Health and Healthcare Systems

Global crises threaten progress curbing HIV/AIDS, UN warns

A person conducts a blood test as the UN warns that progress combatting HIV/AIDS has faltered.

The UN warns that progress combatting HIV/AIDS has faltered. Image: Photo by Nguyễn Hiệp on Unsplash

Spencer Feingold
Digital Editor, World Economic Forum
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  • Progress made curbing the spread of HIV has faltered, according to UNAIDS.
  • Crises like COVID-19 and the food price spike have impacted the international response to the virus.
  • If the current rate of transmission continues, global targets for limiting transmission will be missed.

Compounding crises in recent years have slowed the global fight against HIV, threatening the health of millions and potentially derailing international goals aimed at eradicating the virus.

In a report released this week, the Joint United Nations Programme on HIV and AIDS (UNAIDS) announced that the number of new HIV infections worldwide between 2020 and 2021 fell by just 3.6%—the smallest decline since 2016. Specifically, the agency found that roughly 1.5 million people were newly infected with HIV last year. The figure represents over 1 million more than health authorities had targeted for 2021.

“These data show the global AIDS response in severe danger,” Winnie Byanyima, the executive director of UNAIDS, said in a statement. “If we are not making rapid progress, then we are losing ground, as the pandemic thrives amidst COVID-19, mass displacement, and other crises.”

Experts have long warned that the COVID-19 pandemic significantly threatens other areas of public health. As the World Economic Forum stated in its Global Risks Report 2022, “The COVID-19 crisis has also had extensive collateral health impacts, partly because other diseases were deprioritized.”

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Faltering progress of HIV care and prevention programmes

In particular, COVID-19 has shifted public health resources away from HIV care and prevention. Governments have also cut domestic funding to HIV programmes due to the economic fallout from the pandemic. In fact, in 2021, global resources dedicated to HIV care were 6% less than in 2010, according to UNAIDS.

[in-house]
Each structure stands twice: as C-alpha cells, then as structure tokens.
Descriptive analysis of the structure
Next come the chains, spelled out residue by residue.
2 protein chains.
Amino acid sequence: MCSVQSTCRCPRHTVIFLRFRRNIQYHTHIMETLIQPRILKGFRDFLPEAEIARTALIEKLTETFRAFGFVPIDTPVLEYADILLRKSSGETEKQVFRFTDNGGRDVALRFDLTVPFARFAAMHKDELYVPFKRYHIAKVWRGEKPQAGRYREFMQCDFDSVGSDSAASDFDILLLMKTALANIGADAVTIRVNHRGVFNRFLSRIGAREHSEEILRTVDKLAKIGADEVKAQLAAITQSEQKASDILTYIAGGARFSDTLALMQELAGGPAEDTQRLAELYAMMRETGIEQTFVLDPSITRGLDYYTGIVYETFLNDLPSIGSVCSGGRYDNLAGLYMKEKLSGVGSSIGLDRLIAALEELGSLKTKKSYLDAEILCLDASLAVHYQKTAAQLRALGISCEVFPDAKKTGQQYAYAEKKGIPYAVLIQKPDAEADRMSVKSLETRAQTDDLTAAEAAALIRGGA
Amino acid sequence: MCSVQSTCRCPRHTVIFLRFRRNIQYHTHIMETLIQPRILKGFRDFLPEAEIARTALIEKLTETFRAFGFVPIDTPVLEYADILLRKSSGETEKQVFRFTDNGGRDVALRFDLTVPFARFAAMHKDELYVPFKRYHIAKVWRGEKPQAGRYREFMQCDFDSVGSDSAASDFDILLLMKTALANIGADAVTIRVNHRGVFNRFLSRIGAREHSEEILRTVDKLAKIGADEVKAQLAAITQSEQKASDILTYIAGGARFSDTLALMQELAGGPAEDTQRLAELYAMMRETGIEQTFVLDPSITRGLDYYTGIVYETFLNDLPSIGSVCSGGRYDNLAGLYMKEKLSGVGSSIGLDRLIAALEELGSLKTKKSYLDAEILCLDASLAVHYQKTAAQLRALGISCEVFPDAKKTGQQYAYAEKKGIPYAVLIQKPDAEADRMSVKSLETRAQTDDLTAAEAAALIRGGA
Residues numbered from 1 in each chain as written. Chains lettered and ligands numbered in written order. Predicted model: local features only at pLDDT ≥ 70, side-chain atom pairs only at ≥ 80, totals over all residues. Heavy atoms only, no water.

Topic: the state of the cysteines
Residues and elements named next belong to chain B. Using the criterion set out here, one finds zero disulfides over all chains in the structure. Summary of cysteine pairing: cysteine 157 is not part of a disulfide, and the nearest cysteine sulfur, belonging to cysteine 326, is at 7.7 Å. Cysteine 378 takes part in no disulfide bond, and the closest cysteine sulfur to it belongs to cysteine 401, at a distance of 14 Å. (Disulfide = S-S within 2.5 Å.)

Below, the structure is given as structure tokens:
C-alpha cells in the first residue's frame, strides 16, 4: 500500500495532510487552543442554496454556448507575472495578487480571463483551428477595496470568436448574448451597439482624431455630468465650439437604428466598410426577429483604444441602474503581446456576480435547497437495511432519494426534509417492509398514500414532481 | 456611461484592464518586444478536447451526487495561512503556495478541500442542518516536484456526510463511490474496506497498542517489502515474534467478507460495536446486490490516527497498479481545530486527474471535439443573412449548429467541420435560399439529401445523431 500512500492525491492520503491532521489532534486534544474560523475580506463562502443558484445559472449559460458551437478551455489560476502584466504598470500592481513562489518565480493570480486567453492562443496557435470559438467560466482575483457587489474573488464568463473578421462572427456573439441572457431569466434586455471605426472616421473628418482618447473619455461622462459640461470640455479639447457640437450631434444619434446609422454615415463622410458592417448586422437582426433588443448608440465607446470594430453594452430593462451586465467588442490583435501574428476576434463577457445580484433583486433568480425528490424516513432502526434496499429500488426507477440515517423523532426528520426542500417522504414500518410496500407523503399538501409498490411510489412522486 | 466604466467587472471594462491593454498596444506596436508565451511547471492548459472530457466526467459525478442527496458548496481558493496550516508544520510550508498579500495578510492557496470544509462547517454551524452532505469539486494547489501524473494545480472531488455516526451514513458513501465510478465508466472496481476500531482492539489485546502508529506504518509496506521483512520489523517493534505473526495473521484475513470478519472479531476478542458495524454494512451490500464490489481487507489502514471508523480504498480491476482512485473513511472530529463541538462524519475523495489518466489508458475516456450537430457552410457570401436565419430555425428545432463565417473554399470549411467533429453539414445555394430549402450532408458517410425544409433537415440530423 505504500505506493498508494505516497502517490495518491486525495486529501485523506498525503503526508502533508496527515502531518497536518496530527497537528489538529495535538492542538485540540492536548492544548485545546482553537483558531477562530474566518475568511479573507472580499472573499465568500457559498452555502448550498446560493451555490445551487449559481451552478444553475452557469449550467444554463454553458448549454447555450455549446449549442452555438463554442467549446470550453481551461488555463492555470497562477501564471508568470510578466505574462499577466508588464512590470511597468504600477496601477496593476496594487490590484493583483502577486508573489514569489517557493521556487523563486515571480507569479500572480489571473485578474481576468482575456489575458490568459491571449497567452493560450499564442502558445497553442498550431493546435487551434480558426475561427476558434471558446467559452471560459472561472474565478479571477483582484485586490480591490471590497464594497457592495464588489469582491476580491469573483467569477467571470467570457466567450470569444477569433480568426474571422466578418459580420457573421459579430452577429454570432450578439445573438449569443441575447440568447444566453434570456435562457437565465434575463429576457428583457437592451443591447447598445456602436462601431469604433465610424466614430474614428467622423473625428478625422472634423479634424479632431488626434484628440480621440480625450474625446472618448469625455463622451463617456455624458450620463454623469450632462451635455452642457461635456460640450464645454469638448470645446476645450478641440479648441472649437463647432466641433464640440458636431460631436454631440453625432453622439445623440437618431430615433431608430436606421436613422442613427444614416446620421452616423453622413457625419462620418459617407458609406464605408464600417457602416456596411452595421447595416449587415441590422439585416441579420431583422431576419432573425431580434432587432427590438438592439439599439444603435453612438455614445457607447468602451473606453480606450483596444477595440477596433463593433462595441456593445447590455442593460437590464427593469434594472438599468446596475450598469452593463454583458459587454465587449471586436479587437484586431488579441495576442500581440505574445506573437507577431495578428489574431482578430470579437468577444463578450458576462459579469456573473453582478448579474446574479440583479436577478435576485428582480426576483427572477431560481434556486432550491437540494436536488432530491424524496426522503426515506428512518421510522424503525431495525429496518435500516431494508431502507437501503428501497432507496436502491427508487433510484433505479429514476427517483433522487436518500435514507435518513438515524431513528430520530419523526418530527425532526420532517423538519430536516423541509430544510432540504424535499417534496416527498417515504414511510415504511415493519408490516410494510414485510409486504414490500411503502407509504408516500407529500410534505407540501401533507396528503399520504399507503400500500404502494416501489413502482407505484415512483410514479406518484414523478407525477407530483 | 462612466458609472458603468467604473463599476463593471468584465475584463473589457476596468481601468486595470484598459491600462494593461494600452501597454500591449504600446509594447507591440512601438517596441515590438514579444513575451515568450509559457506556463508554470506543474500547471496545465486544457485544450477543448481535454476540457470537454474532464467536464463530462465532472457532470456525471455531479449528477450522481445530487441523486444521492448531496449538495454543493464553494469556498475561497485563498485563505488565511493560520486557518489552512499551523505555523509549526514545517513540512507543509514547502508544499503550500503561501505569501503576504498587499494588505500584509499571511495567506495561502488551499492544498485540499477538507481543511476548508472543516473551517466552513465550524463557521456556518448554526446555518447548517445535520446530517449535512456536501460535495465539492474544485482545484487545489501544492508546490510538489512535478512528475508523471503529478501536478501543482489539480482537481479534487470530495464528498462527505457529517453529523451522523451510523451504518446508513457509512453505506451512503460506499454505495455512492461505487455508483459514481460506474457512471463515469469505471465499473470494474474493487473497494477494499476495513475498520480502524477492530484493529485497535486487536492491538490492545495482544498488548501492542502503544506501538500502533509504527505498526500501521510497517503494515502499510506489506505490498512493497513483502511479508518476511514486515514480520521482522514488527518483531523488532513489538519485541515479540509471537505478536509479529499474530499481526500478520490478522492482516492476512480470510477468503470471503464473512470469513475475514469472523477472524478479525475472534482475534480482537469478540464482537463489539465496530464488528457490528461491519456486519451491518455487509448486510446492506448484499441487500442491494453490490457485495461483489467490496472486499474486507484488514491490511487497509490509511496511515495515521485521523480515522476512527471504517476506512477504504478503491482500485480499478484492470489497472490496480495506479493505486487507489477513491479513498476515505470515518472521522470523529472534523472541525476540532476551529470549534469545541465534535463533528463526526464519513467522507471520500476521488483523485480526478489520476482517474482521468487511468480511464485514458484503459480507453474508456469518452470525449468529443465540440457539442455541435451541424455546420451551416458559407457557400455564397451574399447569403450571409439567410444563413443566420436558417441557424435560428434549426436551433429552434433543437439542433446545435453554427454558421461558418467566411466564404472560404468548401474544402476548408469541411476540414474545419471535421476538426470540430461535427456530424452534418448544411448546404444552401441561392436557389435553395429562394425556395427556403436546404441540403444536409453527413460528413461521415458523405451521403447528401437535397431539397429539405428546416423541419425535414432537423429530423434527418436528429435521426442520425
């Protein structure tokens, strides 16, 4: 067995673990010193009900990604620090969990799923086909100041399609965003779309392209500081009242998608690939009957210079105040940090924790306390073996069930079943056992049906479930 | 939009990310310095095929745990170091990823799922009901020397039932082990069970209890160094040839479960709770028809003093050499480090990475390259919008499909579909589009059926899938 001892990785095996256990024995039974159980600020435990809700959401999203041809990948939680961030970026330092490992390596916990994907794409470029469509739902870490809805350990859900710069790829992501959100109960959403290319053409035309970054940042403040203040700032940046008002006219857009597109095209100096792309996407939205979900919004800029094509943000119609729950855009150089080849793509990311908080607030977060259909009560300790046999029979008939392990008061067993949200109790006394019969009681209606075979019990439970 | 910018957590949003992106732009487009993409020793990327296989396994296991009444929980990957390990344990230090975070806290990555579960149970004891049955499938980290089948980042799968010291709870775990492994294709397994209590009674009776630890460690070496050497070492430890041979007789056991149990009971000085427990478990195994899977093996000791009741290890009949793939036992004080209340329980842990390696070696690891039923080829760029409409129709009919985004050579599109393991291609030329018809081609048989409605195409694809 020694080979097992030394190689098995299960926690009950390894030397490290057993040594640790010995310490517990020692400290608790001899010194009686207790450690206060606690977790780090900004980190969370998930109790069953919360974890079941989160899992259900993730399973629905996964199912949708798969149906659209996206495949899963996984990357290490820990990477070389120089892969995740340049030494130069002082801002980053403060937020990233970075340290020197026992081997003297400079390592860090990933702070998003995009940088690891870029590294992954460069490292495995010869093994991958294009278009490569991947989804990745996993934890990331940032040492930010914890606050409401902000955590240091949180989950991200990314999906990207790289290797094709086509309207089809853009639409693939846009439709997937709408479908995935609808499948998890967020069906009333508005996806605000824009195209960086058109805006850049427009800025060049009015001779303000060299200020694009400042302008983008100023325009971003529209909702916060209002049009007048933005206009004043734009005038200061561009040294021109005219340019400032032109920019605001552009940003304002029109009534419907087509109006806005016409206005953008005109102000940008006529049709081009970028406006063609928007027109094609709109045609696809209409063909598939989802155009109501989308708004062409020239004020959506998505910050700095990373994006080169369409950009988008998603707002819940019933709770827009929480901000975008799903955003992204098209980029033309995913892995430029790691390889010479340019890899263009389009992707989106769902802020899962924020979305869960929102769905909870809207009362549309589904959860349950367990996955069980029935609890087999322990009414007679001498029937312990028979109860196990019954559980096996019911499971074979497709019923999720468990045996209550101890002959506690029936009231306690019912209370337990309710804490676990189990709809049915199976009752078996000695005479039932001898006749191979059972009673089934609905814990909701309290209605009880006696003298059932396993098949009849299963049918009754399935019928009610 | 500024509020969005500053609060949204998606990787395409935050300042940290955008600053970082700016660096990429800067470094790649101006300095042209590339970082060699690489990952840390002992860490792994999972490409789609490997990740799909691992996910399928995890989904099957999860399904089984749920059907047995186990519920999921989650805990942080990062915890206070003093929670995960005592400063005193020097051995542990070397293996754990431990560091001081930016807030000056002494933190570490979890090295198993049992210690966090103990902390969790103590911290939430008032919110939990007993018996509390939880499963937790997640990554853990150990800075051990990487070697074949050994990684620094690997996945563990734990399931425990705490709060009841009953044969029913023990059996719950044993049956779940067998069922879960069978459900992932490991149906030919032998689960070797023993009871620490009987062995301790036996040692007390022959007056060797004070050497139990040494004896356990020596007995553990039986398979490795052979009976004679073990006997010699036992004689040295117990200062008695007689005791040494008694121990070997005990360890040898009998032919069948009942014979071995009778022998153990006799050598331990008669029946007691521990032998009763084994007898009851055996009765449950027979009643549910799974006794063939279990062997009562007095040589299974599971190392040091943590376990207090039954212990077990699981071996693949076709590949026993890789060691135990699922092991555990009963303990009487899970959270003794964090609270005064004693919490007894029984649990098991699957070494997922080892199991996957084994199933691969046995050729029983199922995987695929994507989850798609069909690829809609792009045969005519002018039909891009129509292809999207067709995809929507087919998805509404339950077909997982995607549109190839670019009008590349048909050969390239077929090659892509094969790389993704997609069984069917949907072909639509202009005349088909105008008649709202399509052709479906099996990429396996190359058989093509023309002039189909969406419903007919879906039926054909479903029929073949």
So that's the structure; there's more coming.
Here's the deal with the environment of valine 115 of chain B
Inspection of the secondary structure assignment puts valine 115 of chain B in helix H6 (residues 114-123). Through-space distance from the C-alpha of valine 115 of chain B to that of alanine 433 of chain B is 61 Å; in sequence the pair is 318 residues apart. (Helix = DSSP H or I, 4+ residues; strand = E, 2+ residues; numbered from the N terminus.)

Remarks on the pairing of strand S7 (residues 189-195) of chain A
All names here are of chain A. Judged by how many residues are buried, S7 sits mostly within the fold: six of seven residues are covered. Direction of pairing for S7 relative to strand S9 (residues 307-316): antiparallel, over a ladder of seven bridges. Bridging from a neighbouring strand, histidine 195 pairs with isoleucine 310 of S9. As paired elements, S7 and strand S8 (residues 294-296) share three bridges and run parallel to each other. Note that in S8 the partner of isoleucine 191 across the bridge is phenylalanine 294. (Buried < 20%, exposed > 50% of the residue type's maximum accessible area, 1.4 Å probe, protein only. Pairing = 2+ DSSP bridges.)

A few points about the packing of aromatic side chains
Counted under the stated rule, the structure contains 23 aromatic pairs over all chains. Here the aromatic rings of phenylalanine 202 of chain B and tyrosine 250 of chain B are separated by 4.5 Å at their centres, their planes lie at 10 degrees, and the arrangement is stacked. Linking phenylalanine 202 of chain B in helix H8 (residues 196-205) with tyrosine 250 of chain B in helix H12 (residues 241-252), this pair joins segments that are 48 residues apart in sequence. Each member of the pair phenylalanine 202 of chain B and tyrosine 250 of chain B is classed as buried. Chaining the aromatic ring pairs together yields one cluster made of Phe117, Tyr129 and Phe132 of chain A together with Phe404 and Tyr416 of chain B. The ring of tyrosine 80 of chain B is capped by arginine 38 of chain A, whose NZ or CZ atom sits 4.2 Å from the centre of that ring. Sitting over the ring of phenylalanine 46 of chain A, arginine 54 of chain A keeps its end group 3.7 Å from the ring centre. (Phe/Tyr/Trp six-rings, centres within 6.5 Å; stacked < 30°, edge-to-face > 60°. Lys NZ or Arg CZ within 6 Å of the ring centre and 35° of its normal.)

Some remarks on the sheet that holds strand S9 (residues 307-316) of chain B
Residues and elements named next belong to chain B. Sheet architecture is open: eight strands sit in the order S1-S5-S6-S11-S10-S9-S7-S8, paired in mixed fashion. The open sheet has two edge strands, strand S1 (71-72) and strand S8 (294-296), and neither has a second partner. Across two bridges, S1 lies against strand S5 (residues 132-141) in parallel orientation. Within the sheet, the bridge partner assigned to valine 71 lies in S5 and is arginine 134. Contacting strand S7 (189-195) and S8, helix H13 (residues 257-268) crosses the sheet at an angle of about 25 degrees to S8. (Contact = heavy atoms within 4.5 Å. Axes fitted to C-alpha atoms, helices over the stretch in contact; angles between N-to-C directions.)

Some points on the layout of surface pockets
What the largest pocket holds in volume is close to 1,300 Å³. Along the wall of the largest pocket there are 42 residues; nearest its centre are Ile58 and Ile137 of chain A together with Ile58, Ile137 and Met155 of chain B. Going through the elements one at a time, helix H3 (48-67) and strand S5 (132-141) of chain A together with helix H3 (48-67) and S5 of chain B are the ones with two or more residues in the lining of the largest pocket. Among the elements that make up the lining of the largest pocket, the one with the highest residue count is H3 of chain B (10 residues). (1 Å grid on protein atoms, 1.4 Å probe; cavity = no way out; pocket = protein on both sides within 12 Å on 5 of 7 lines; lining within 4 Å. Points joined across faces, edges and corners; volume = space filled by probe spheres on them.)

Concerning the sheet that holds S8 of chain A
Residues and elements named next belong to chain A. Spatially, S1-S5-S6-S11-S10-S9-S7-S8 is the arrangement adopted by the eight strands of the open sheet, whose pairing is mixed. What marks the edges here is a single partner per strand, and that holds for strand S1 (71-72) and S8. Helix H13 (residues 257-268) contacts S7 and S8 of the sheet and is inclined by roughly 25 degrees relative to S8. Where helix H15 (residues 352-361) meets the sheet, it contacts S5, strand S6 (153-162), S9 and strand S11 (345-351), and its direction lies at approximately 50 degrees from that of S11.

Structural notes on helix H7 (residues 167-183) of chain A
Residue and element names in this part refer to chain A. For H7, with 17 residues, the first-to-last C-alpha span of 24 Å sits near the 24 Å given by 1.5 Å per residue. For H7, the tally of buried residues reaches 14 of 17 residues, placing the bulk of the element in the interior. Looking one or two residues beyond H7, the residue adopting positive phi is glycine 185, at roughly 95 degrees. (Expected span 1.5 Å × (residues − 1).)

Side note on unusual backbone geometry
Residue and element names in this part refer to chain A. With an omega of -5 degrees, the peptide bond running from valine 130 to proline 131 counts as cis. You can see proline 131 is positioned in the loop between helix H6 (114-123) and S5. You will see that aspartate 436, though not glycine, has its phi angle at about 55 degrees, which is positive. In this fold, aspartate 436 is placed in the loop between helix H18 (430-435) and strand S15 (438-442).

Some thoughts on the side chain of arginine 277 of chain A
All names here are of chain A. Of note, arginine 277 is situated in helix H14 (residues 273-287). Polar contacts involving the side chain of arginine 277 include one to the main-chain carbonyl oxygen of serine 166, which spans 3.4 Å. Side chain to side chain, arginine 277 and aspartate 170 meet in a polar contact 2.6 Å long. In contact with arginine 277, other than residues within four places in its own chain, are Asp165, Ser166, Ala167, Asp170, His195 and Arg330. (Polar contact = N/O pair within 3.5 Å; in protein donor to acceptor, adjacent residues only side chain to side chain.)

The agency also notes that crises such as the war in Ukraine and the global food price spike pose significant risks to the availability and affordability of HIV treatment medication. This includes antiretroviral therapy—known as ART—which requires a daily dose. ART, when administered regularly, can significantly reduce an individual's ability to transmit the virus. When care is distributed, however, resistance to the medication can develop.

Access to ART was significantly disrupted in Ukraine following the Russian invasion in February. By May, UNAIDS estimated that 30,000 Ukrainians living with HIV had fled into neighboring countries and were in immediate need of ART.

Let us remember the millions of preventable deaths we are trying to stop.

Winnie Byanyima, UNAIDS executive director.

The UNAIDS report warned that new infections have disproportionately affected certain groups. This includes most notably young women and adolescent girls, who accounted for nearly half of all new infections worldwide in 2021. The report noted that other groups like gay men, sex workers and people who inject drugs also face increasing risk.

Regionally, the Middle East, North Africa, Latin America, and Eastern Europe and central Asia continue to experience an increase in infection rate. Meanwhile, in certain areas of Asia and the Pacific, infection rates have increased where they had previously been decreasing.

UNAIDS determined that if the current rate of transmission continues, up to 1.2 million people could be newly infected in 2025. The figure would be a major set back from the previously stated goal of just 370,000 new infections in 2025.

“Do we care about empowering and protecting our girls? Do we want to stop AIDS deaths among children? Do we put saving lives ahead of criminalization?” Byanyima added in her statement. “If we do, then we must get the AIDS response back on track.”

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